Asadah Kirkland, author of Beating Black Kids calls spanking a “cultural epidemic” that she believes needs to stop. It has been proven to lead to low self esteem, depression, and even some cases suicide. She urges parents instead of physically disciplining their children to talk to them, get into their world, and show respect to them to also have it given back.

The debate on spanking is one that is sensitive touching cultural, religious, historic and racial areas that can be uncomfortable. Yet for the sake of our children and our future it is a conversation that we need to bring back to the table.

We need to talk about what it means that Black children are beaten by their parents more so than any other of their counterparts of other races.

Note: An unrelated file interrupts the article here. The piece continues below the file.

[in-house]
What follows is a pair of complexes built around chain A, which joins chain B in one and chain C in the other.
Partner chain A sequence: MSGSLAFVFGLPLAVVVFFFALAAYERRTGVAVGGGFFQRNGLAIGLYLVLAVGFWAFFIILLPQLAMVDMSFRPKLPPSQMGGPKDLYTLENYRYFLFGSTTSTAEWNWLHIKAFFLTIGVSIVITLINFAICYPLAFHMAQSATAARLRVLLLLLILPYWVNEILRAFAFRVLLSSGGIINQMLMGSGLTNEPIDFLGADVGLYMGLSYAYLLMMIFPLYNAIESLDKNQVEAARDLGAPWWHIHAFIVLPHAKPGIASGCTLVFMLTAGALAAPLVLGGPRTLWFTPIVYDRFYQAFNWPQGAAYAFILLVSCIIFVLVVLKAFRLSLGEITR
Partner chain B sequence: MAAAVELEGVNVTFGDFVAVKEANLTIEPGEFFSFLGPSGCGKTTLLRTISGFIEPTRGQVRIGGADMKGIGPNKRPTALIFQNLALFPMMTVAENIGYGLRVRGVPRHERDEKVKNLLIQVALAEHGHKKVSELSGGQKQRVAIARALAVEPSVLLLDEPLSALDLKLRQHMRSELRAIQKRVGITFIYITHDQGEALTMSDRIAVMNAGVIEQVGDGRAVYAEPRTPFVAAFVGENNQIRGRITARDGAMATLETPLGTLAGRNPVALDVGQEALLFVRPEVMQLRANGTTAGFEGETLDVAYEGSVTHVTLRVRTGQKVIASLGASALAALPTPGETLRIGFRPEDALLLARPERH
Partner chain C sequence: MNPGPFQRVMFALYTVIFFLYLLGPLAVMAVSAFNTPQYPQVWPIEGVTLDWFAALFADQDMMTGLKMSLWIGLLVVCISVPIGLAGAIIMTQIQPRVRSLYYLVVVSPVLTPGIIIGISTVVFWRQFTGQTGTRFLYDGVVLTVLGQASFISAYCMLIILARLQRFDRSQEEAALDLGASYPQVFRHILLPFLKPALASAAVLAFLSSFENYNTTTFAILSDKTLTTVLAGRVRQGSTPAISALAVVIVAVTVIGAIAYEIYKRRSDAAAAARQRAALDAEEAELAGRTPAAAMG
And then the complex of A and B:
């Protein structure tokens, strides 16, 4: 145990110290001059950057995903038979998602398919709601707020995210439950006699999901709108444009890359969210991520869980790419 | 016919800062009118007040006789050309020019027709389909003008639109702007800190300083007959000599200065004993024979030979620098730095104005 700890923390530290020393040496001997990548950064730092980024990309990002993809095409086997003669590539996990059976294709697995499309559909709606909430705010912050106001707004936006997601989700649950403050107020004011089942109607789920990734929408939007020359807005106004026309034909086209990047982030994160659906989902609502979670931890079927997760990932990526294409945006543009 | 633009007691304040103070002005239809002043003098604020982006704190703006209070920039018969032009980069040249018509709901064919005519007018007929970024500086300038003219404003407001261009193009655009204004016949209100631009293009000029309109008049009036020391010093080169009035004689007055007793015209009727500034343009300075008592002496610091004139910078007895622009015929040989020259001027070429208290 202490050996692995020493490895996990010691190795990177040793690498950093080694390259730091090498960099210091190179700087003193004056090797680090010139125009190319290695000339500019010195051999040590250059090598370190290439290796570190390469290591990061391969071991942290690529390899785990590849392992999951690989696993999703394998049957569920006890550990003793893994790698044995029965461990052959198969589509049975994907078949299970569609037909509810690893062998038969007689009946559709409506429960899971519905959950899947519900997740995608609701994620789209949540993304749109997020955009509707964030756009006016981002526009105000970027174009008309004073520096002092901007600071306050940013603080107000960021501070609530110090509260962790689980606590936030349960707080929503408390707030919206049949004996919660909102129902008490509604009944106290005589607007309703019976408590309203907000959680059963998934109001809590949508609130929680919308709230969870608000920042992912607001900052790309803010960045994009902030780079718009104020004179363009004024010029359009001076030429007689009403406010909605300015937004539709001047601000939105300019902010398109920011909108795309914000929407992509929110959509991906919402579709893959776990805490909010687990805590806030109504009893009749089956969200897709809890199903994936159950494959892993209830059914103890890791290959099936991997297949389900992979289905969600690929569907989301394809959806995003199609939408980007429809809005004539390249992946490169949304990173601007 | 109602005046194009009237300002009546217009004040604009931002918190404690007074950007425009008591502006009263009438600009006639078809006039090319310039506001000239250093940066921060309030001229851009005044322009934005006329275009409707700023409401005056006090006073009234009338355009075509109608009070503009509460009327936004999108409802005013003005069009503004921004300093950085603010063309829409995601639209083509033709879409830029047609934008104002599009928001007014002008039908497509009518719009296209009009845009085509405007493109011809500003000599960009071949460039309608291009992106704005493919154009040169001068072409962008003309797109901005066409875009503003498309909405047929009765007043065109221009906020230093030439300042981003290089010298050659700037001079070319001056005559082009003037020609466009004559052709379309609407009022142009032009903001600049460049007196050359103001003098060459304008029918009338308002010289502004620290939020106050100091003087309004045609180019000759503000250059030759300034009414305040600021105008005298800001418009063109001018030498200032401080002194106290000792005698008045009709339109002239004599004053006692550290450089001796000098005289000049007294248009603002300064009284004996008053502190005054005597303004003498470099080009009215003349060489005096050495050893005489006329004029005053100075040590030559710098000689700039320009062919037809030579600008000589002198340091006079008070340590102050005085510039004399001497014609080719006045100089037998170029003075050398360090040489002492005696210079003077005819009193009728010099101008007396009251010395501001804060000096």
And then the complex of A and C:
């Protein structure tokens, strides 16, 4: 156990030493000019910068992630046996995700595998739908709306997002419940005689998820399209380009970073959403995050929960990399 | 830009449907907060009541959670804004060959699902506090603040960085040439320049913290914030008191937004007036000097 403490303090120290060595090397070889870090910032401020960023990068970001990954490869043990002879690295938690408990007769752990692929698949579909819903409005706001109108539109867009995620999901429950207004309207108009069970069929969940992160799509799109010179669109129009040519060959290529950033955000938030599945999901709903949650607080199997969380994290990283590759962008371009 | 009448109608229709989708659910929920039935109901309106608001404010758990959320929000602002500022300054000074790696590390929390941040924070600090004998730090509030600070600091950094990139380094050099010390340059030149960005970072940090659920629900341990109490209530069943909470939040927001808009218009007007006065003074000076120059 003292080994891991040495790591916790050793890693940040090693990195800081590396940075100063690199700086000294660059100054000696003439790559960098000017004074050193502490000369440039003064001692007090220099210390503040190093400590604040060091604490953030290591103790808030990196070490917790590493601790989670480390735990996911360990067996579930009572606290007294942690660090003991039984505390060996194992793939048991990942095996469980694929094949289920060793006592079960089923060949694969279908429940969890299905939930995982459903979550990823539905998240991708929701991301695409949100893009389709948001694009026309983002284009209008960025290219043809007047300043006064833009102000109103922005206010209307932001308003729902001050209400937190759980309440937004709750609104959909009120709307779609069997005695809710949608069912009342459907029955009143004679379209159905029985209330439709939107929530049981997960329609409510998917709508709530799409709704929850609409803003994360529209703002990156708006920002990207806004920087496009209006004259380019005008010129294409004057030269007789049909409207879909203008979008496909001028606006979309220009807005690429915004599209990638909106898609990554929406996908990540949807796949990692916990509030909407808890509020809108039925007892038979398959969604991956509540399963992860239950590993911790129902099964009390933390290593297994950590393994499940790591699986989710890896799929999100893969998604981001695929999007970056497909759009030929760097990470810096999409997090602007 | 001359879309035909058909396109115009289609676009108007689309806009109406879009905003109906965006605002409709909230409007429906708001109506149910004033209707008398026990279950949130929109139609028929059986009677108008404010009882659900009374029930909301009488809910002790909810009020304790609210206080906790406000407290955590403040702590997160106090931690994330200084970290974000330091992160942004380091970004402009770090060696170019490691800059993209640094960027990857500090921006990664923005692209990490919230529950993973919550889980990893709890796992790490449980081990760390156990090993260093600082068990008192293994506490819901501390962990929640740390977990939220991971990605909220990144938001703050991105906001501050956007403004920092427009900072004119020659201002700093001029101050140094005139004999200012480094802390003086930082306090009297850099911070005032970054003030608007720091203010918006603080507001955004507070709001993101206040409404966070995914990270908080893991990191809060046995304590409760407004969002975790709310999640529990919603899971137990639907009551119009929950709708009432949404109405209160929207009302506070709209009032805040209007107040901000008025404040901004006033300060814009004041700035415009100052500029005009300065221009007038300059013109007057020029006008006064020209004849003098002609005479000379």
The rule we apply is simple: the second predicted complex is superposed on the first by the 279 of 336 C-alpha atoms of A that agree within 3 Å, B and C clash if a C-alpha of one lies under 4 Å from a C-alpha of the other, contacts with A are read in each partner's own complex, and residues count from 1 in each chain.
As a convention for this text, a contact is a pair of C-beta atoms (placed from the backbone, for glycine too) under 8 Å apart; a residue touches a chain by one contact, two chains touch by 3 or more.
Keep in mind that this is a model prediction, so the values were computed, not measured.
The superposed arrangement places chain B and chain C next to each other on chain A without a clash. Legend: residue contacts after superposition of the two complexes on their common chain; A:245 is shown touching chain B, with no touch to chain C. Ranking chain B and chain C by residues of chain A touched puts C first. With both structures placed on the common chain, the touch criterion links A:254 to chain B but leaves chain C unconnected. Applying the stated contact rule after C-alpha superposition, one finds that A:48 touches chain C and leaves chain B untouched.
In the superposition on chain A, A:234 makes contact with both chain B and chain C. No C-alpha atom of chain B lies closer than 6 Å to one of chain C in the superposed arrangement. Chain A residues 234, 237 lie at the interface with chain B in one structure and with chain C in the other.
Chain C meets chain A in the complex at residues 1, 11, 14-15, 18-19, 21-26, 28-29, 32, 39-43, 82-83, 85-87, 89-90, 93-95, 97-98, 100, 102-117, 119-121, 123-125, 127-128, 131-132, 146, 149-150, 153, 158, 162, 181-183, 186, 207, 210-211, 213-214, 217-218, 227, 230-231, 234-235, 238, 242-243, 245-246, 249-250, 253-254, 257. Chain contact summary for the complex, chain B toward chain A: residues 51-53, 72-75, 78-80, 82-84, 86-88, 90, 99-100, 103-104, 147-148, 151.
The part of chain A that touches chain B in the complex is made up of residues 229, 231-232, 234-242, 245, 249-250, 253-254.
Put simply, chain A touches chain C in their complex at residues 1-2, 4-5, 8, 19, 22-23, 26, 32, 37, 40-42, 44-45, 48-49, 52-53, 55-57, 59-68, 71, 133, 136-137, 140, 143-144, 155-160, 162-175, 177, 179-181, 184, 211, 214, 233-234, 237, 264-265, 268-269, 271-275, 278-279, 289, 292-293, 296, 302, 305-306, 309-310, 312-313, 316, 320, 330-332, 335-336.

Are Black children more unruly? More rebellious? More “hardheaded”? This is a notion that is hurtful, dangerous and is rooted deep in the marshes of slavery.

We have to remember Children, no matter what race, are a blessing given by God Himself for us as parents to steward with love and wisdom.

I encourage you to reflect on why you may be spanking your children, is it too often, is it in a controlled environment or done out of a belief that black children need this more than other races to make it; I also encourage you to explore other alternatives in addition to corporal punishment.

Remember, it’s the heart of the matter that really counts. If you’re a parent ask yourself, Why spanking? Do I need to beat my child to show them something is wrong in every incident or am I simply perpetuating what I’ve experienced?

The word of God tells us to physically discipline, but discipline is meant to correct wrong behavior, not traumatize or abuse. Our children are precious gifts, let’s all handle them with the care and reverence we all deserve.

“Children are a gift from the Lord; they are a reward from him.” (Psalm 127:3)